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Recognizing Aboriginal People and their Traditional Lands is one of the most important acts of reconciliation; is a way to honour Aboriginal People; and is something that the SFU Community can consciously, collectively and individually practice.
(Walk This Path With Us, Report of the SFU Aboriginal Reconciliation Council, 2017, p. 81)
Guidelines on acknowledging Aboriginal Peoples at SFU ceremonies and events
To honour and pay respect to the Indigenous Peoples whose lands that SFU is situated, the university community is encouraged to acknowledge Aboriginal Peoples and their traditional lands whenever possible at the beginning of ceremonies and events. These guidelines have been compiled by SFU Ceremonies and Events in collaboration with SFU’s Office for Aboriginal Peoples.
Please note: These guidelines will be regularly reviewed and updated.
General guidelines on acknowledgements
Acknowledgement of the traditional lands is typically made by the very first speaker at the beginning of a ceremony or event program (if subsequent speakers also wish to make this acknowledgement, this would be appropriate, but is not required).
At ceremonies and larger events, it is recommended that an aboriginal elder, preferably a member of SFU’s Elders Program is invited to provide a welcome to open the event. The Elder would be the very first speaker on the program (ahead of the MC, senior members of the university and any members of government). Each Elder will have their own preference on what they would like to say to welcome guests. So, if the following speakers note that the traditional lands were not recognized, they should include the acknowledgement at the beginning of their remarks.
The following are the acknowledgements for each of the SFU campuses:
Pronunciation guide: Squamish (squa-mish), Tsleil-Waututh (tslay-wa-tooth), Musqueam (mus-kwee-um), Katzie (kate-zee), Kwantlen (kwant-len), Kwikwetlem (kwee-kwet-lum), Qayqayt (kee-kite), and Stó:lō (staw-low).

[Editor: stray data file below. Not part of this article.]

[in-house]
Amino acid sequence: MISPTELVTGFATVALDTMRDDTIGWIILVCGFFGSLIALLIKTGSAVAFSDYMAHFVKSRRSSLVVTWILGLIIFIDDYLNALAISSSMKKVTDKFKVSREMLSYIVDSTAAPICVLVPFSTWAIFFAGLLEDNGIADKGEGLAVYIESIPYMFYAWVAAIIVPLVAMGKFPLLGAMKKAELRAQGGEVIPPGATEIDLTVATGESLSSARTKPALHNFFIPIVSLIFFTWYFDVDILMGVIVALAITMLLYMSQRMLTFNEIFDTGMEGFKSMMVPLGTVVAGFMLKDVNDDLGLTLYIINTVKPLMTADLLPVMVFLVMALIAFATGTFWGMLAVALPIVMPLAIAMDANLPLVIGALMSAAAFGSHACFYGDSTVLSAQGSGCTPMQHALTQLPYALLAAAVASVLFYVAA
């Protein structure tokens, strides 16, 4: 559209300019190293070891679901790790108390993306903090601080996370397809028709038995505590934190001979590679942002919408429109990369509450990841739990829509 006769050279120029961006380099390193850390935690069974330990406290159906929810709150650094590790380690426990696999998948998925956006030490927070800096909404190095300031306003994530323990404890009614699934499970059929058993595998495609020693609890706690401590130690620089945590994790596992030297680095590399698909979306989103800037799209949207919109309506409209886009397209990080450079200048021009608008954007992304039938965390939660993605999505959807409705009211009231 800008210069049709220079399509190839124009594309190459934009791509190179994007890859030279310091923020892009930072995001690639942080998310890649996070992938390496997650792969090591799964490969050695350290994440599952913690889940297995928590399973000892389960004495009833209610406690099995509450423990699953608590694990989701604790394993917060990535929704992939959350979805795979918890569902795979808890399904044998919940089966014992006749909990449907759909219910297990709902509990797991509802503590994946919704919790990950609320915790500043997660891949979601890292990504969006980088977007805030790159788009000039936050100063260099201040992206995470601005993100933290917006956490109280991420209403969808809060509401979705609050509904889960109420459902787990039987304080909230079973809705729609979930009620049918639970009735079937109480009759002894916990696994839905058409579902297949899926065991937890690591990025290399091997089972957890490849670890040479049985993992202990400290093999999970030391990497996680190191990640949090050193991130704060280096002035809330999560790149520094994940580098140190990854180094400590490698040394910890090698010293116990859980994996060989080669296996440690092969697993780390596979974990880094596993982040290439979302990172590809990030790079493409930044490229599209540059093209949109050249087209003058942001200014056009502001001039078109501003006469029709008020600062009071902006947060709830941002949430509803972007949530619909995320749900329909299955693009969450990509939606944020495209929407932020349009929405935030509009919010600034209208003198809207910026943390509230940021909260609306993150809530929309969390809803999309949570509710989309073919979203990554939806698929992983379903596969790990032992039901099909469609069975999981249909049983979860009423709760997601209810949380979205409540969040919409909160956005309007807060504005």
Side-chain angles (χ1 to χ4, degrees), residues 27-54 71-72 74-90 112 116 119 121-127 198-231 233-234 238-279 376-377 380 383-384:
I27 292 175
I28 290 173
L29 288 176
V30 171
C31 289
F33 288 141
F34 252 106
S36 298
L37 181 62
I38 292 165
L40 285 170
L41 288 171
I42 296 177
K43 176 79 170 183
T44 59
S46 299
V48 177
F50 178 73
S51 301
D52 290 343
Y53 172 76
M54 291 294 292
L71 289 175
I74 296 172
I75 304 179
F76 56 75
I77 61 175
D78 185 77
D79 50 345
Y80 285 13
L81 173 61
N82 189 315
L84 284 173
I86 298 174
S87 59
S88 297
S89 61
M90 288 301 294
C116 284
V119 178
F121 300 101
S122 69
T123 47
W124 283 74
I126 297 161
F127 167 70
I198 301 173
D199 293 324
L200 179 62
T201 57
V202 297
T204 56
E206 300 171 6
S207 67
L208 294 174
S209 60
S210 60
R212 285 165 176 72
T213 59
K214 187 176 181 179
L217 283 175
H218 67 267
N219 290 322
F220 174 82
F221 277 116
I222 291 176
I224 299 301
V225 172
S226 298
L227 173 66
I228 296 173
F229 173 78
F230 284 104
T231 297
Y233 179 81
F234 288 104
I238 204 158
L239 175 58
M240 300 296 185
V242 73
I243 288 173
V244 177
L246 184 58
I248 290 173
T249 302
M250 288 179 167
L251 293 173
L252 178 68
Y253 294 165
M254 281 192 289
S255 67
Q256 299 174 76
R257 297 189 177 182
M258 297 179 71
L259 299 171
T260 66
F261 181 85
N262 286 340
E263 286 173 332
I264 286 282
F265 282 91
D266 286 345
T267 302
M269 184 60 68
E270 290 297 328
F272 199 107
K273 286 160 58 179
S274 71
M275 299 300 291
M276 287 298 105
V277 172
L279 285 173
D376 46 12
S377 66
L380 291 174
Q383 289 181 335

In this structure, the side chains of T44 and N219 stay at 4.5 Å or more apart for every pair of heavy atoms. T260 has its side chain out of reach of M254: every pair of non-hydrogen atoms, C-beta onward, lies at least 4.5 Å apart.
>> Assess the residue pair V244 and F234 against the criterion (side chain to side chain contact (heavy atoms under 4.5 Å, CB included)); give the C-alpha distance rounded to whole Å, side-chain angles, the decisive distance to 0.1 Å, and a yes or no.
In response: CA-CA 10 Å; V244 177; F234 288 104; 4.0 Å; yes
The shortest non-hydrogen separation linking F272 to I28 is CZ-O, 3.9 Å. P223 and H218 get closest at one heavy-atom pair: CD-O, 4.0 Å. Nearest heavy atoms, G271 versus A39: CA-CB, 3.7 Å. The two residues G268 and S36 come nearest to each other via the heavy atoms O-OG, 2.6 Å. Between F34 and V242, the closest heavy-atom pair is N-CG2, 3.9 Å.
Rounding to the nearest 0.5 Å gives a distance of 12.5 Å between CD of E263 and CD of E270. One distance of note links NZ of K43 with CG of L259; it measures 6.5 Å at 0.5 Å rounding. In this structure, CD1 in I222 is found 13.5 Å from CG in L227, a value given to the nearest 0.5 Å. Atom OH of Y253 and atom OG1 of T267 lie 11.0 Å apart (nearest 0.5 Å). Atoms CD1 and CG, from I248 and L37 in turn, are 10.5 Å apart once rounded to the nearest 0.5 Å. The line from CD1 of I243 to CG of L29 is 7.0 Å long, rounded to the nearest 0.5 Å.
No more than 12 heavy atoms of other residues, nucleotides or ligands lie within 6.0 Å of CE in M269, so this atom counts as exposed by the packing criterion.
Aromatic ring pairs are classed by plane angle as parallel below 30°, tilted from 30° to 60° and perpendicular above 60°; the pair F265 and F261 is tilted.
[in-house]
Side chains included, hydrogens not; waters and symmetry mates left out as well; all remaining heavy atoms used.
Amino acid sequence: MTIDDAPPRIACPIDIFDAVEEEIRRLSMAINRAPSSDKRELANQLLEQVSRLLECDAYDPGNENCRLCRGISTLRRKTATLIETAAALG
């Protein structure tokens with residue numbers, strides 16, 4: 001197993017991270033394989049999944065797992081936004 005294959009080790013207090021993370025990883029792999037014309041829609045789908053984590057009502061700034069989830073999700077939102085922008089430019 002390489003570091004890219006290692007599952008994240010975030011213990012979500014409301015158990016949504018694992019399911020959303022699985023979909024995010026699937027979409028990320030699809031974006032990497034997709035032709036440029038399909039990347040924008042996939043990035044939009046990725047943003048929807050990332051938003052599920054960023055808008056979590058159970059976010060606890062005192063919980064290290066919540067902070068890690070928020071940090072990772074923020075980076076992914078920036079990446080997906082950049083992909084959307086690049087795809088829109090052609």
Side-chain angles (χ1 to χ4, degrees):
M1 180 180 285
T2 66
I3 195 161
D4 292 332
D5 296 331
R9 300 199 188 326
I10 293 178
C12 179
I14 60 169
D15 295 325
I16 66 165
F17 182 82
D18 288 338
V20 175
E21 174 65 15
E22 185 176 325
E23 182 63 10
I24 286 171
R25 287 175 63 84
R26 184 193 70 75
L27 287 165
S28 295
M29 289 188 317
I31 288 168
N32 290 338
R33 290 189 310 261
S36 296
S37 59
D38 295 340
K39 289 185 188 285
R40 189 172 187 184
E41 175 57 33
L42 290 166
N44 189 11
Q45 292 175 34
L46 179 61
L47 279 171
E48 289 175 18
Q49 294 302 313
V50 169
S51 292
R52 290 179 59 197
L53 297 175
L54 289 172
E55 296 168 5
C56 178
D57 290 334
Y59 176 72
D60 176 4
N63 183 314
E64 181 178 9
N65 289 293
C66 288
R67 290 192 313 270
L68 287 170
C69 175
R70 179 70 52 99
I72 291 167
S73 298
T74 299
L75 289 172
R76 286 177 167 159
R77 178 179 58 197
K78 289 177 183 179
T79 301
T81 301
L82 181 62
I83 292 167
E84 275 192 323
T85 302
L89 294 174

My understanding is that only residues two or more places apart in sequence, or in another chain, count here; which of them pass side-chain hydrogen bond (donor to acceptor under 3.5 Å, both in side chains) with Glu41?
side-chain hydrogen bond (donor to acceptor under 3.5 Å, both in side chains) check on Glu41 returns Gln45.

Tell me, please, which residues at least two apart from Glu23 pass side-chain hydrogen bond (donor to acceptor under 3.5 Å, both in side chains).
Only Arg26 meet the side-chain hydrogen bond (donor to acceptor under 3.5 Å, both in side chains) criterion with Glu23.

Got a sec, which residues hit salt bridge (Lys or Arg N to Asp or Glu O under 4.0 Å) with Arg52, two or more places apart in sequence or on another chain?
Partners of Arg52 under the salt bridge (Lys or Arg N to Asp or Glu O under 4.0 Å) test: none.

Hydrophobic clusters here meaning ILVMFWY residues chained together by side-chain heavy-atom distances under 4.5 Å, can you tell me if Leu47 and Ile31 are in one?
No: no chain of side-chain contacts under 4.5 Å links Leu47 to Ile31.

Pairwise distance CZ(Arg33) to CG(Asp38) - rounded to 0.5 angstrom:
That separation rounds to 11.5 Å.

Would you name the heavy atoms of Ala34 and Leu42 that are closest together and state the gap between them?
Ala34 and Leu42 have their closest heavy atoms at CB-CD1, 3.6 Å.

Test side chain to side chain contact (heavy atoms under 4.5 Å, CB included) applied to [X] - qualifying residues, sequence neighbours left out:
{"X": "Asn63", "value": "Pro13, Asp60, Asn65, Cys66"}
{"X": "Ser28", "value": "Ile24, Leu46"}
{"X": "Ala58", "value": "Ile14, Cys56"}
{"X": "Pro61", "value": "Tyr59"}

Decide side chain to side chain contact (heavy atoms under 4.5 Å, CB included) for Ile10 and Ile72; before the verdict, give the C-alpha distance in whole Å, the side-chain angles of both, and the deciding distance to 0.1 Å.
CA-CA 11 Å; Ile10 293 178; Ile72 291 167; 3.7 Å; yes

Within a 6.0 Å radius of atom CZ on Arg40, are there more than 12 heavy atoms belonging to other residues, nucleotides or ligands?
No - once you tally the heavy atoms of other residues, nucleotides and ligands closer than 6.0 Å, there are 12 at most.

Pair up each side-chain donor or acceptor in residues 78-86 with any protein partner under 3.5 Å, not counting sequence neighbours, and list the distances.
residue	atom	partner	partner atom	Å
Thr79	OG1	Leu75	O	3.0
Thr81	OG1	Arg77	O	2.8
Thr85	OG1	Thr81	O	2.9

"Let me begin by acknowledging the Squamish, Tsleil-Waututh, Musqueam and Kwikwetlem Peoples on whose traditional territory we are privileged to gather this morning/evening."
"Let me begin by acknowledging the Squamish, Tsleil-Waututh and Musqueam Peoples on whose traditional territory we are privileged to gather this morning/evening."
"Let me begin by acknowledging that we are privileged to gather this morning/evening on the shared traditional territory of the Coast Salish peoples including the Katzie, Kwantlen, Kwikwetlem, Qayqayt, Semiahmoo, Tsawwassen and numerous Stó:lō Nations.
If an SFU Elder provides the “welcome”, following their remarks, the MC will typically thank and acknowledge the Elder as a member of SFU’s Elder program:
"Thank you to Elder xxxx, a member of SFU’s Aboriginal Elder Program, who shared some words of welcome for us here today. Let me start by acknowledging the … (see acknowledgements for each SFU campus)."
Requesting an Elder to participate at an event or ceremony
The SFU Elders program recognizes the value and importance of Elders in the Indigenous and university communities. Elders have a unique position at SFU, offering a variety of support to students and performing in different capacities throughout the university, including supporting special events and ceremonies.
More information about the SFU Elders program.
Walk this Path with Us, Report of the SFU Aboriginal Reconciliation Council, 2017 (More information about Ceremonies and Events in Appendix E, pages 81 – 85)
Aboriginal Protocol Documents, prepared by the Office for Aboriginal Peoples.